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Unified Antiviral Strategy published by ICHNFM (Espanol / English)

Dr Alex Vasquez

Previous publication: Vasquez A. Unified Antiviral Strategy published by ICHNFM.Int J Hum Nutr Funct Med 2014:v2(q4);p1 (ASIN: B00P5AB5RW) PDF

Editor's note: Given the international viral crises occurring in late 2014, publication and distribution of this article is a priority; the fact that these viral-infection health crises exist is prima facie evidence of the failure of current systems and the need—not for new treatments within the same model—for a new model better suited for international distribution, disease prevention, and broad-spectrum effectiveness.

History and Perspectives
What we as doctors learn in medical school about viral infections is summarized within the following course titles: Microbiology, Pathology, and Pharmacology. Following this instruction, the treatments that we use are sanitation, vaccination, and antiviral drugs, respectively. Based on training and my experience with other doctors, I suggest here that most medically-trained doctors are—at least per their formal training—unable to see beyond these blinders and limited options. My intention in writing this article is to broaden those conceptual and therapeutic horizons via the outlining of a structured antiviral strategy that includes the previously mentioned sanitation, vaccination and antiviral drugs but extends well beyond those limited options. Additional citations, support, and clinical details (e.g., dosing and contraindications) for this strategy are available in a digital format constantly updated ; the purpose of this article is to structure the strategy, to shift the paradigm.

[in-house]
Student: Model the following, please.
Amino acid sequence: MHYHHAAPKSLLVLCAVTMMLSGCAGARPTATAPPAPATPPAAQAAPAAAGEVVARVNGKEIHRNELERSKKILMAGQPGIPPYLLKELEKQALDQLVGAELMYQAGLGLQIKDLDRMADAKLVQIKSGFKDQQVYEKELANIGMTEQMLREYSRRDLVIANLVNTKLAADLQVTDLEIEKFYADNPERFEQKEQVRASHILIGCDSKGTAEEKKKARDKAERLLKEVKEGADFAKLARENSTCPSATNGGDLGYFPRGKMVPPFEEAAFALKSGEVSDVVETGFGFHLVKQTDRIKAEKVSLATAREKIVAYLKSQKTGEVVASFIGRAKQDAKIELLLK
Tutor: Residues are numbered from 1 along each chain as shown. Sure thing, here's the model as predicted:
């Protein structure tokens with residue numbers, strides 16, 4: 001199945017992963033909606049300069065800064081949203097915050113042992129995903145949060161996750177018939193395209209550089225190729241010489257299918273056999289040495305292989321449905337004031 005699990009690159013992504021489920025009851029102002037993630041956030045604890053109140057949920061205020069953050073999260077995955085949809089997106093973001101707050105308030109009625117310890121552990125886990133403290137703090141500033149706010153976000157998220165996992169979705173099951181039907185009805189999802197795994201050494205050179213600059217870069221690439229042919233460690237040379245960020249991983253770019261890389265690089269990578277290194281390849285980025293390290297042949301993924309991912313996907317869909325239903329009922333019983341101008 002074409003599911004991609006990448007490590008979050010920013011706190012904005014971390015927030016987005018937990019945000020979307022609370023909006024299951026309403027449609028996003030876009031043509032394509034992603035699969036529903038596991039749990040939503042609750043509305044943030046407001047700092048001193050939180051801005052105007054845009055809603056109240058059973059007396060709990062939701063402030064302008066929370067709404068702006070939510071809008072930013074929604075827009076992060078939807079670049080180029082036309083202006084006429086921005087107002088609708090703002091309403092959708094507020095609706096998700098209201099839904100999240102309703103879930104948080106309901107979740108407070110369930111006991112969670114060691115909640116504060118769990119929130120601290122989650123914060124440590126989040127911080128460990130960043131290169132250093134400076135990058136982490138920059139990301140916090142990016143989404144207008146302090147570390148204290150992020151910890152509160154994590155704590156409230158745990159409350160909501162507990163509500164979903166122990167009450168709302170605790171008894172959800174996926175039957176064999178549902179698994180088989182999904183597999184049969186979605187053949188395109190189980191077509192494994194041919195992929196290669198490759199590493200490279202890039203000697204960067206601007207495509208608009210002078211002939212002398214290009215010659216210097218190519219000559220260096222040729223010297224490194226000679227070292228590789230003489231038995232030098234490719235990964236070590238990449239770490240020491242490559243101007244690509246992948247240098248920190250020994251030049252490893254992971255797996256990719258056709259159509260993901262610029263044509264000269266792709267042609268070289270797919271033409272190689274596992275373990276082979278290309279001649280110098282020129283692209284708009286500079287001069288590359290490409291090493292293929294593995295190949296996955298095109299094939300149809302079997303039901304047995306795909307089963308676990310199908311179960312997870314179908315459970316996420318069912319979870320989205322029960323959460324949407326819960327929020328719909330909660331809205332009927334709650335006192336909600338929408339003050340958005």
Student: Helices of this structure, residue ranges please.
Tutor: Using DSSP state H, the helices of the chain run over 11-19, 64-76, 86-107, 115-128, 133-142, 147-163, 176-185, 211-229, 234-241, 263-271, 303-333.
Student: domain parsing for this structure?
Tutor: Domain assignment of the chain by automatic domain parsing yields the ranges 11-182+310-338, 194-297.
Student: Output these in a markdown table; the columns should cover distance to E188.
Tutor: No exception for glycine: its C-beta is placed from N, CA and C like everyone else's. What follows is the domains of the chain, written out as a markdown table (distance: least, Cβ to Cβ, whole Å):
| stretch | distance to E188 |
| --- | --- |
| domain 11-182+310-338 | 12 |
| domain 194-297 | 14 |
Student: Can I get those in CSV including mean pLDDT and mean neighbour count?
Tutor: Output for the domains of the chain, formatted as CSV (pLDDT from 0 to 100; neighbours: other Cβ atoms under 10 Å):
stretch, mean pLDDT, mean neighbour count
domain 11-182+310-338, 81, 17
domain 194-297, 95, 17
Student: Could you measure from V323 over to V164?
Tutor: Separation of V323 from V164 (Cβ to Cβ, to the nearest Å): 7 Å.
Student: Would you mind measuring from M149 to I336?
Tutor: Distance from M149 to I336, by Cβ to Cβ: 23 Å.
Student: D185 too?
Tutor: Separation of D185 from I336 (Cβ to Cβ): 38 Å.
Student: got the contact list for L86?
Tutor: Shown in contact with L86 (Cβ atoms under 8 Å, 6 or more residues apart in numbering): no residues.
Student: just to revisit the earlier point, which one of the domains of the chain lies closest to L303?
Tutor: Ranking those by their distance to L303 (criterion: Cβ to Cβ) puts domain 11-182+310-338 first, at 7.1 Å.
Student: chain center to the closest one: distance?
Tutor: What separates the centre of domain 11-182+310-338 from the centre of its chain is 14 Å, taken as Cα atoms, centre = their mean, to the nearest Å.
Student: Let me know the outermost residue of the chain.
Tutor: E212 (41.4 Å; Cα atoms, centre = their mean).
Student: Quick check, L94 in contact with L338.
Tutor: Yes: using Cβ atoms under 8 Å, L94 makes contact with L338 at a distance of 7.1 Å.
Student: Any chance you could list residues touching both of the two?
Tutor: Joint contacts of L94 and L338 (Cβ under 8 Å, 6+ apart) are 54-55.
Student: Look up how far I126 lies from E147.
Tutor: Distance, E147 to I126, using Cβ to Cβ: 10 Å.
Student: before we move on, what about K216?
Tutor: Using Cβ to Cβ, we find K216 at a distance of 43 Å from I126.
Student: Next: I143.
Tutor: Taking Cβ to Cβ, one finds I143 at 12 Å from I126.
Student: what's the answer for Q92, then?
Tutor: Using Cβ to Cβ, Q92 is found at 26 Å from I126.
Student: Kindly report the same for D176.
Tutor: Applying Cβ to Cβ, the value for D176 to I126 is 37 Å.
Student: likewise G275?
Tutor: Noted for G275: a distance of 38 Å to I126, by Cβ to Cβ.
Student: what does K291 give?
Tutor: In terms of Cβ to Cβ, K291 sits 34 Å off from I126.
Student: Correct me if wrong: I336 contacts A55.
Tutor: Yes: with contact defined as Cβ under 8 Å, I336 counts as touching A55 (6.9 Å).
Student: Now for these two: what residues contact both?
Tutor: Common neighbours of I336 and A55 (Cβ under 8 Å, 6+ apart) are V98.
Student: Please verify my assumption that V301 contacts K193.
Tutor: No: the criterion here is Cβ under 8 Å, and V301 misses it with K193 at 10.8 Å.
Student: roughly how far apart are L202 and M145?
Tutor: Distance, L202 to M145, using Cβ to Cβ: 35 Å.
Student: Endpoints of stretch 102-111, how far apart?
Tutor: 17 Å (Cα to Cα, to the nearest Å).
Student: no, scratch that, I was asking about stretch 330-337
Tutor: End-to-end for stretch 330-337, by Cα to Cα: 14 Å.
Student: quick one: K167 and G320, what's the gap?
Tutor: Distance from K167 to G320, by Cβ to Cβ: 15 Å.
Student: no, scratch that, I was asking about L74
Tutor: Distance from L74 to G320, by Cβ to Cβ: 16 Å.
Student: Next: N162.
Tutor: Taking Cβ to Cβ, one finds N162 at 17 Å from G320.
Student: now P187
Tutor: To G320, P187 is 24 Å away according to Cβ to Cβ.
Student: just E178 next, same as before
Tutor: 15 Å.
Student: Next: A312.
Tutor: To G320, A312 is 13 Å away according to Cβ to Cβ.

The fact that most doctors learn nothing about the science of Nutrition in medical school is well known publicly and within medical school academics.  Typically, most medical students read one chapter about pathologies caused by extreme nutritional deficiencies, but they learn essentially nothing about therapeutic nutrition and how it can be applied in the prevention and treatment of disease. Does ignoring Nutrition force doctors by default to over-rely on drugs and surgery? Would not public health be better served if information were distributed on the nutritional prevention of viral infections, so that patients and doctors alike would have more options?